State game officers partner with vets to battle degenerative deer disease

A pair of deer peer through the woods from near a tree on the first day of regular firearms deer hunting season in most of Pennsylvania, Monday, Nov. 26, 2018, in Fombell, Pa. The Pennsylvania firearms deer hunting season runs through Dec. 8 in most of the state. (Keith Srakocic/AP Photo)

A pair of deer peer through the woods from near a tree on the first day of regular firearms deer hunting season in most of Pennsylvania, Monday, Nov. 26, 2018, in Fombell, Pa. The Pennsylvania firearms deer hunting season runs through Dec. 8 in most of the state. (Keith Srakocic/AP Photo)

A brain and nervous system disorder that kills animals like deer, elk and moose is on the rise in Pennsylvania.

The Pennsylvania Game Commission is in the early days of a partnership with the University of Pennsylvania’s veterinary school to try and address chronic wasting disease.

When a deer contracts CWD, it’s usually not clear right away.

According to the commission, it takes up to about two years for the animal to get sick. Ultimately, the disease is always fatal.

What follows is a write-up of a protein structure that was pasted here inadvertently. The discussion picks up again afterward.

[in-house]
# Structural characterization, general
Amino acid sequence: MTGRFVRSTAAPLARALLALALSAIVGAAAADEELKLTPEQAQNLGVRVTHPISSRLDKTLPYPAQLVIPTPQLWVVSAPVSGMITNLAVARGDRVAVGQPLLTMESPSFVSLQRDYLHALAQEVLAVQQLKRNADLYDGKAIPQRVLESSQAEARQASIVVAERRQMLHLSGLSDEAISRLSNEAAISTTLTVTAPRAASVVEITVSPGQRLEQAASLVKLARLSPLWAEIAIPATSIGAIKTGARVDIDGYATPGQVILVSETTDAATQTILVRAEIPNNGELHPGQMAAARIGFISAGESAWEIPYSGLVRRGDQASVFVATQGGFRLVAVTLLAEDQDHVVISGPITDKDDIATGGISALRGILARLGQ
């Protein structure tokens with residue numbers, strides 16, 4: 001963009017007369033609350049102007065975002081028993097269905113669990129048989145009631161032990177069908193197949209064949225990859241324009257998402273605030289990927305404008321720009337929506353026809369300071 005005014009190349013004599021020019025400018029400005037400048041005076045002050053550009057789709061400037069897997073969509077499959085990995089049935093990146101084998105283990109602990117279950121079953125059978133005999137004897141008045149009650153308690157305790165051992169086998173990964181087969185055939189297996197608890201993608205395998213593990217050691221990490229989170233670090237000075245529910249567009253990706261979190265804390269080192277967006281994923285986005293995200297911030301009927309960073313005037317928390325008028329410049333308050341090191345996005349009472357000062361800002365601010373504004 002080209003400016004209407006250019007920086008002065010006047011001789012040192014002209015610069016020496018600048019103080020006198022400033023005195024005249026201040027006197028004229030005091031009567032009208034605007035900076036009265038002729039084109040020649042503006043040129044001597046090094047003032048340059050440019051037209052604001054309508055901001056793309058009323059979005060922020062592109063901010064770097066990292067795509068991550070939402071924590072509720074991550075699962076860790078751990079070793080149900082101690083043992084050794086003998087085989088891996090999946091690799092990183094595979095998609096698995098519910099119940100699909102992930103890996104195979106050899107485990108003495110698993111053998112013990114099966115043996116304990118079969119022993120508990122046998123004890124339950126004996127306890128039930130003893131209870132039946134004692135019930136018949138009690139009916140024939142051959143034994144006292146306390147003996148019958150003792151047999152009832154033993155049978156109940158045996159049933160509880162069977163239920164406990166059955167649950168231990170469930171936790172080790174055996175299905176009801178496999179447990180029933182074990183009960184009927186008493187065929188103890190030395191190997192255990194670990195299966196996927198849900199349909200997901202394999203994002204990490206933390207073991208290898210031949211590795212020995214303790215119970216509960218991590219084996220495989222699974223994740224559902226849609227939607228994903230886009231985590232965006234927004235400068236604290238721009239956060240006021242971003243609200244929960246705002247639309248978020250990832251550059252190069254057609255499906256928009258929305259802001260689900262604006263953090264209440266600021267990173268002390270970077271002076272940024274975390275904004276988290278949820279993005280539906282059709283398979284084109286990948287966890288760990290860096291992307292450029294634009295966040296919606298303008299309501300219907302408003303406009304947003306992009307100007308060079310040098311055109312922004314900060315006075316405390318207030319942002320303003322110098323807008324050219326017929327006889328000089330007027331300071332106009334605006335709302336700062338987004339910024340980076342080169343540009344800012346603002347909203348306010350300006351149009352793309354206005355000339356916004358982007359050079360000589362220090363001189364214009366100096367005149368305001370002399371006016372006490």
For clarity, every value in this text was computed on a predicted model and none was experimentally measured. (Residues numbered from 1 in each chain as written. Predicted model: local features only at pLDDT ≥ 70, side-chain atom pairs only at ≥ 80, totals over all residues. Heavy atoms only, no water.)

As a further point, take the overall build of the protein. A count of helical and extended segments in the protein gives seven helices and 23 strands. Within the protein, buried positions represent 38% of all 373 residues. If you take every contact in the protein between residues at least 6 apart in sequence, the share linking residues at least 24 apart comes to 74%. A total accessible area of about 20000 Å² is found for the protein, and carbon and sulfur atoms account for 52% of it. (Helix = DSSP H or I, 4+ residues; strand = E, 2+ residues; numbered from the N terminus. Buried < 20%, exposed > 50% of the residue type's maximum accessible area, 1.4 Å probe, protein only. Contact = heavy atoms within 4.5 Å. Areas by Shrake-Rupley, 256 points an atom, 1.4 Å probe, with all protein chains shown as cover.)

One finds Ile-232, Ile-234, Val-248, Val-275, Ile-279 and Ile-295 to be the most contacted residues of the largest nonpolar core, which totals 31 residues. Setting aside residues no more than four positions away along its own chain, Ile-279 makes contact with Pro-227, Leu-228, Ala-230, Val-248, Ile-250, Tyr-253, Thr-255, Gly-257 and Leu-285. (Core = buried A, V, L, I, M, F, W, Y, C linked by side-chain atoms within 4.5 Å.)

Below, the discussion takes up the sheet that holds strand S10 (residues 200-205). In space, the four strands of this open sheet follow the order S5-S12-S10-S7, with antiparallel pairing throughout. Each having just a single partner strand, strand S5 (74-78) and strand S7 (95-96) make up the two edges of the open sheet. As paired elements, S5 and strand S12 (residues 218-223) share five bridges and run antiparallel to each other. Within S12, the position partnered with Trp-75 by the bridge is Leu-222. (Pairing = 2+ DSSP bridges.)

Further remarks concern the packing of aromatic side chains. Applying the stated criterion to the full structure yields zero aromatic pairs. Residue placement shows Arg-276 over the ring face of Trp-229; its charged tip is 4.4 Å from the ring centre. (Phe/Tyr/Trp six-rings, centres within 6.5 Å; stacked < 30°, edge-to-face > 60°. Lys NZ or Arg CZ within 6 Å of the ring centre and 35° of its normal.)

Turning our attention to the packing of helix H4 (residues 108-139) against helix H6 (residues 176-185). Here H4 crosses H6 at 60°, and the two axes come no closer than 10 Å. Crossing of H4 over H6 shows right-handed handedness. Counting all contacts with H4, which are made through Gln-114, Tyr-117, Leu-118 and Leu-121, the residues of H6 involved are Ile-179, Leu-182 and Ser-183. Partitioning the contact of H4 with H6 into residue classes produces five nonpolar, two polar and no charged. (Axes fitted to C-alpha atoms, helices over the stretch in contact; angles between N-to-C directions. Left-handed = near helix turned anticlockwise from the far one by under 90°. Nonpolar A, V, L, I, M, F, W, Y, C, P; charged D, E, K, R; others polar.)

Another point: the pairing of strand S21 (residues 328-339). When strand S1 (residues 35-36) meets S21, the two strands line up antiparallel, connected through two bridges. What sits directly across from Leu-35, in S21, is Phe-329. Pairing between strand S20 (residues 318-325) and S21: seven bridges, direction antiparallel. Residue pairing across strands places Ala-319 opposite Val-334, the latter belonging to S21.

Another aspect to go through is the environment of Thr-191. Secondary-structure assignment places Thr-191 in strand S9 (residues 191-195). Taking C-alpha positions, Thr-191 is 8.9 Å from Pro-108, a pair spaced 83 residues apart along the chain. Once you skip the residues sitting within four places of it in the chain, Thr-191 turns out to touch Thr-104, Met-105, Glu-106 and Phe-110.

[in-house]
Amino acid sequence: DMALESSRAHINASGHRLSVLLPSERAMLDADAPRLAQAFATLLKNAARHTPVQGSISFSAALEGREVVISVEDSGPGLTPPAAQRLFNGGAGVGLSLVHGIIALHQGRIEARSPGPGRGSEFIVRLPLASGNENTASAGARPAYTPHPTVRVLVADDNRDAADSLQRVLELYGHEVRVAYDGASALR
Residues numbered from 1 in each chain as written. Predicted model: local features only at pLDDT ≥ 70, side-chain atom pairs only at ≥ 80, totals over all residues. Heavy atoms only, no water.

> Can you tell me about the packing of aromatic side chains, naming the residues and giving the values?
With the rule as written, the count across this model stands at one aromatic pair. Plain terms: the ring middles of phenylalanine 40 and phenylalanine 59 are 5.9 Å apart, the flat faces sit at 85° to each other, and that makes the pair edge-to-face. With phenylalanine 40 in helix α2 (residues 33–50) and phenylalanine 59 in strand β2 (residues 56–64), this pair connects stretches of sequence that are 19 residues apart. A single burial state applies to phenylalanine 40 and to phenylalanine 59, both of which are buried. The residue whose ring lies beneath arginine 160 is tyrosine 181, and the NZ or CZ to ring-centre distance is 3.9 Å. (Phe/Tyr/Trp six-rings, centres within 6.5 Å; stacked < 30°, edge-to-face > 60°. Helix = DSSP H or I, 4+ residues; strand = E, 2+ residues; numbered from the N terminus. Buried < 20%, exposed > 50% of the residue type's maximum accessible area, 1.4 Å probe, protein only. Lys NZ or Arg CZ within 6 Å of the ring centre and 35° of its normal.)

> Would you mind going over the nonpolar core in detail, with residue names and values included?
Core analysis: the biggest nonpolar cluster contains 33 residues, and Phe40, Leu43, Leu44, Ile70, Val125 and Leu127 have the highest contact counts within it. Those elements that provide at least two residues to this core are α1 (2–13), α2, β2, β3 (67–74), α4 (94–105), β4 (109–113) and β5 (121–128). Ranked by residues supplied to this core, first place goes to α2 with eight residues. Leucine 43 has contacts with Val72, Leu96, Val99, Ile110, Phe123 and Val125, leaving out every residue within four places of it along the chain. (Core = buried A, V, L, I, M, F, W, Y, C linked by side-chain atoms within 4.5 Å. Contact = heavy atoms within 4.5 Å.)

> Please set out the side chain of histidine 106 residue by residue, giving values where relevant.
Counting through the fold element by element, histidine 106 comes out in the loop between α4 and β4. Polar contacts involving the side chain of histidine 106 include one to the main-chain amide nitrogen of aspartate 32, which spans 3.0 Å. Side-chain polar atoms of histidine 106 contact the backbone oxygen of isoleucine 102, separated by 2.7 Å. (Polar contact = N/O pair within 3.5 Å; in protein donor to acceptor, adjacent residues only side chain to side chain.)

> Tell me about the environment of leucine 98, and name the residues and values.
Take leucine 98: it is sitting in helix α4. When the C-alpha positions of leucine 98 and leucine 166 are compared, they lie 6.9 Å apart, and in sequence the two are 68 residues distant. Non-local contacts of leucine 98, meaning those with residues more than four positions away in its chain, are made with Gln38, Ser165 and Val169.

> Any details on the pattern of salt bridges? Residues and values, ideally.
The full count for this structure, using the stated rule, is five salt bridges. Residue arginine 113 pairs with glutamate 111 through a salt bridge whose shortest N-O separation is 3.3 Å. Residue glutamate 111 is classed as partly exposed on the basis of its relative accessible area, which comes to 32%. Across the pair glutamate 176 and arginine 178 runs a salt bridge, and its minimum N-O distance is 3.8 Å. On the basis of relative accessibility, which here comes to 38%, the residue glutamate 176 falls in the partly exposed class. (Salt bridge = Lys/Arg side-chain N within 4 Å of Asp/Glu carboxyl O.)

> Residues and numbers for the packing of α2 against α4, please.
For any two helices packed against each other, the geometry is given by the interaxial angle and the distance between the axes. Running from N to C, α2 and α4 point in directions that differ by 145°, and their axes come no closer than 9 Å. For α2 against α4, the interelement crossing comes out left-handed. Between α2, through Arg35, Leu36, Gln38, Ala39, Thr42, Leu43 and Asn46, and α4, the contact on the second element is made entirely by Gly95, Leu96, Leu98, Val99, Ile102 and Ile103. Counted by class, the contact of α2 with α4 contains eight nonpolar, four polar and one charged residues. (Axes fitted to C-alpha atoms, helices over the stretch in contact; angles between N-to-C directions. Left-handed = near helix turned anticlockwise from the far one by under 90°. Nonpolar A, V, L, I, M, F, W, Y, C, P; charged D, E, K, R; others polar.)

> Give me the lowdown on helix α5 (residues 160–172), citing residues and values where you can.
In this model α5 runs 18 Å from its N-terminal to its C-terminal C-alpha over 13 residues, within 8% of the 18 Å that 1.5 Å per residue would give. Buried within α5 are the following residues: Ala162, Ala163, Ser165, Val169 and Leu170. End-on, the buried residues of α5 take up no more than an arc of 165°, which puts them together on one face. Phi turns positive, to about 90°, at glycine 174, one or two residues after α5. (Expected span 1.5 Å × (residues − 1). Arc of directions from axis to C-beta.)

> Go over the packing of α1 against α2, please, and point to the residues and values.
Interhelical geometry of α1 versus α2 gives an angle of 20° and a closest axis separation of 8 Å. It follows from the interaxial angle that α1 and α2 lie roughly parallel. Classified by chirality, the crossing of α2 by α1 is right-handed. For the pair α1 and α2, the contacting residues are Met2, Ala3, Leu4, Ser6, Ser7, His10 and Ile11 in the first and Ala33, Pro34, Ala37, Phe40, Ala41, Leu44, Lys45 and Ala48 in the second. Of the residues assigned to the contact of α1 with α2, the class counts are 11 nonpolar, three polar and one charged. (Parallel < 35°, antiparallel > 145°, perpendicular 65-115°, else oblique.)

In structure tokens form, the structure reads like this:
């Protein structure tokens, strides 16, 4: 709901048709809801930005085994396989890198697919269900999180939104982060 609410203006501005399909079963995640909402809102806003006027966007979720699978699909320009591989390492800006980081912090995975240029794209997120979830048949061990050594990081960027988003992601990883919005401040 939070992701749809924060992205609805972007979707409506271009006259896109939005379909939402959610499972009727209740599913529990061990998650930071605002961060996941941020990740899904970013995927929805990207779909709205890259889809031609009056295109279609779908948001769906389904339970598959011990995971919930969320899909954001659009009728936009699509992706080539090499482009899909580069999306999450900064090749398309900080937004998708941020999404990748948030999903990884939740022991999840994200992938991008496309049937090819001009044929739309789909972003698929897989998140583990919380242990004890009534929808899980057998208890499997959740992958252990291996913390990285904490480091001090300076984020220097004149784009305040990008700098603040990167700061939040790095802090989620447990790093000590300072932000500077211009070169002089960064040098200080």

There aren’t any known human cases, but experts still advise people not to eat meat that could be contaminated, or to handle it without gloves.

To help hunters, the Pennsylvania Game Commission started carving out Disease Management Areas in 2012. They’ve since expanded them to cover thousands and thousands of miles.

Earlier this month, Penn Vet announced a partnership with the commission to help stem the spread of the disease.

It’s dedicating 12 employees to studying wildlife diseases in general. Along with CWD, focuses include West Nile virus and white-nose syndrome, which has devastated bat populations.

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